S&P May Downgrade Portugal Again This Week After Banks
(Corrects fourth paragraph in story published yesterday to say that Banco Comercial Portugues is publicly traded and to correct spelling of name.)
Standard & Poor’s said it may downgrade Portugal’s credit rating again this week after cutting long- and short-term counterparty credit ratings today on five Portuguese banks and two related subsidiaries.
“The negative CreditWatch implications on our long-term counterparty credit ratings on the Portuguese banks reflect our negative CreditWatch listing of the sovereign rating, and thus the possibility of a further sovereign downgrade” that may happen “as early as this week,” S&P said in an e-mailed statement.
S&P said it may cut Portugal’s ratings by one notch after downgrading its debt on March 25 by two levels, to BBB from A-, two days after Portuguese Prime Minister Jose Socrates tendered his resignation.
S&P downgraded the counterparty credit ratings on Banco Santander Totta SA, a unit of Spain’s Banco Santander SA; state- owned Caixa Geral de Depositos SA; Banco Espirito Santo SA (BES), Portugal’s biggest publicly traded bank by market value; Banco BPI SA (BPI), the country’s fifth-biggest lender; and Banco Comercial Portugues SA (BCP), the country’s second-biggest publicly traded bank by market value.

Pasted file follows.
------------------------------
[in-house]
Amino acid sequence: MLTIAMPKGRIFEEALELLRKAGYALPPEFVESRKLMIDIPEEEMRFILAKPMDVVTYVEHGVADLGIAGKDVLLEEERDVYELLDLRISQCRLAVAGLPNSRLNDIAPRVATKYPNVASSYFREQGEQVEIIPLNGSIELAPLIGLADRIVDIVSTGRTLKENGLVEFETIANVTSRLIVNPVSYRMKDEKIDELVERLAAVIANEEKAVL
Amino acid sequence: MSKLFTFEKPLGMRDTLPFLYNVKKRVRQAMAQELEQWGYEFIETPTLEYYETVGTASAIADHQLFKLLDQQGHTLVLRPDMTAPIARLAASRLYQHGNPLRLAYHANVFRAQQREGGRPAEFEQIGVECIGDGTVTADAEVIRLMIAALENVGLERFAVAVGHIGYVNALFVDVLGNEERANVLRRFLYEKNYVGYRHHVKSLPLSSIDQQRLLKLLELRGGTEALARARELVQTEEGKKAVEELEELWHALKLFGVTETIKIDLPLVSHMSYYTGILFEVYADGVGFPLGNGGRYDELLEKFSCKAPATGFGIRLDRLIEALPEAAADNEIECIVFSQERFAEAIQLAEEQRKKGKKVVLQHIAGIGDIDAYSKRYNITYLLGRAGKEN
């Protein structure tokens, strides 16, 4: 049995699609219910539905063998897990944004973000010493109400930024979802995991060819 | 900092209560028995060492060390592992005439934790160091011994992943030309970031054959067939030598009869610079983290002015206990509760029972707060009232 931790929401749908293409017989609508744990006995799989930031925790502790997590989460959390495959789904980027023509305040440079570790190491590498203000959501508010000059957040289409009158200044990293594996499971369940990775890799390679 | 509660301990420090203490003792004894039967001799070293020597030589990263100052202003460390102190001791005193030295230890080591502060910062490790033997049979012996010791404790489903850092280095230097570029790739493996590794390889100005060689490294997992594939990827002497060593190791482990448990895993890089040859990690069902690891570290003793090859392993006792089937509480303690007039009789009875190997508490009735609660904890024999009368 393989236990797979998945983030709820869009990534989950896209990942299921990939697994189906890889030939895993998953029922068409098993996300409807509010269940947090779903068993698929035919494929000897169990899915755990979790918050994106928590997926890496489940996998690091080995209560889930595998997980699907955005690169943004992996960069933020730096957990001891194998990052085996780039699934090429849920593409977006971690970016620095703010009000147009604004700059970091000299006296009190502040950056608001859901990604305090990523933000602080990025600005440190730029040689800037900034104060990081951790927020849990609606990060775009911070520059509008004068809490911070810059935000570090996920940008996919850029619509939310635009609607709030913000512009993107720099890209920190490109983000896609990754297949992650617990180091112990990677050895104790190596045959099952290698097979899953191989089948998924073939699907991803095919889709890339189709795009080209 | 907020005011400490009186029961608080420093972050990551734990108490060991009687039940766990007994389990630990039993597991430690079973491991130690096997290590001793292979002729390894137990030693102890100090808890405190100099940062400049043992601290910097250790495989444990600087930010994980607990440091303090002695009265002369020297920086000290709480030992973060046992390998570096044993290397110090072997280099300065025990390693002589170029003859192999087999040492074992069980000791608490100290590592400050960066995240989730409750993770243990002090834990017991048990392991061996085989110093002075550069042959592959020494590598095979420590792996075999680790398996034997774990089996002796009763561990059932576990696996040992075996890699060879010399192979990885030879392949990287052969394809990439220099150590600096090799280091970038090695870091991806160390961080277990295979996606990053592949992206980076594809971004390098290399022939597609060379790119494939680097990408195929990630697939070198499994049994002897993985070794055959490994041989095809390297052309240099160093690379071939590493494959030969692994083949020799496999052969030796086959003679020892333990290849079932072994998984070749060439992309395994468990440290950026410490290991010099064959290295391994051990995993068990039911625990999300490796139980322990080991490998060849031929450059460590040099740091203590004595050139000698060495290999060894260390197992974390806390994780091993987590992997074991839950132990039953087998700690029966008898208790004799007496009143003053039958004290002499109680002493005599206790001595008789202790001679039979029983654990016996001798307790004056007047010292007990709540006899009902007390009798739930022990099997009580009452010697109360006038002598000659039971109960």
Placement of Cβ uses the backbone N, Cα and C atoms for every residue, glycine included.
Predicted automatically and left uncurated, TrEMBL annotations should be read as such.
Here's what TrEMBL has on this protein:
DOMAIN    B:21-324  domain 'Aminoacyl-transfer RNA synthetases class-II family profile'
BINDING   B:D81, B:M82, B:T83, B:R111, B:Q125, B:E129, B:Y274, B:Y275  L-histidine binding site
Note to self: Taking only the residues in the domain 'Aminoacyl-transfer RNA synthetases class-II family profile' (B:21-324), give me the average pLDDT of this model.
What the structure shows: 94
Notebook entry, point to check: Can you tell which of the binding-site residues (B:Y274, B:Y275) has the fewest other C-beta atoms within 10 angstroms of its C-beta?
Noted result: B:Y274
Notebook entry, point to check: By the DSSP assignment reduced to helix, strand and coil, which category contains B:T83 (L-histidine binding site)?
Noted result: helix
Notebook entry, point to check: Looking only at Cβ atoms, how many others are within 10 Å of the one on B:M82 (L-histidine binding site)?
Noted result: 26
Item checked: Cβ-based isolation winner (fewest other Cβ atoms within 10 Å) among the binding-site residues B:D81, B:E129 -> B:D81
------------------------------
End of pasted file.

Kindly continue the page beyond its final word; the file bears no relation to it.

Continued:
The long-term ratings remain on CreditWatch with negative implications, S&P said.
Socrates offered to resign after opposition parties rejected budget cuts aimed at reducing the deficit and staving off a European Union-led bailout. The biggest opposition party, the Social Democrats, say they still support efforts to cut the budget gap to 4.6 percent of gross domestic product this year and 3 percent next, while voting against the current package.
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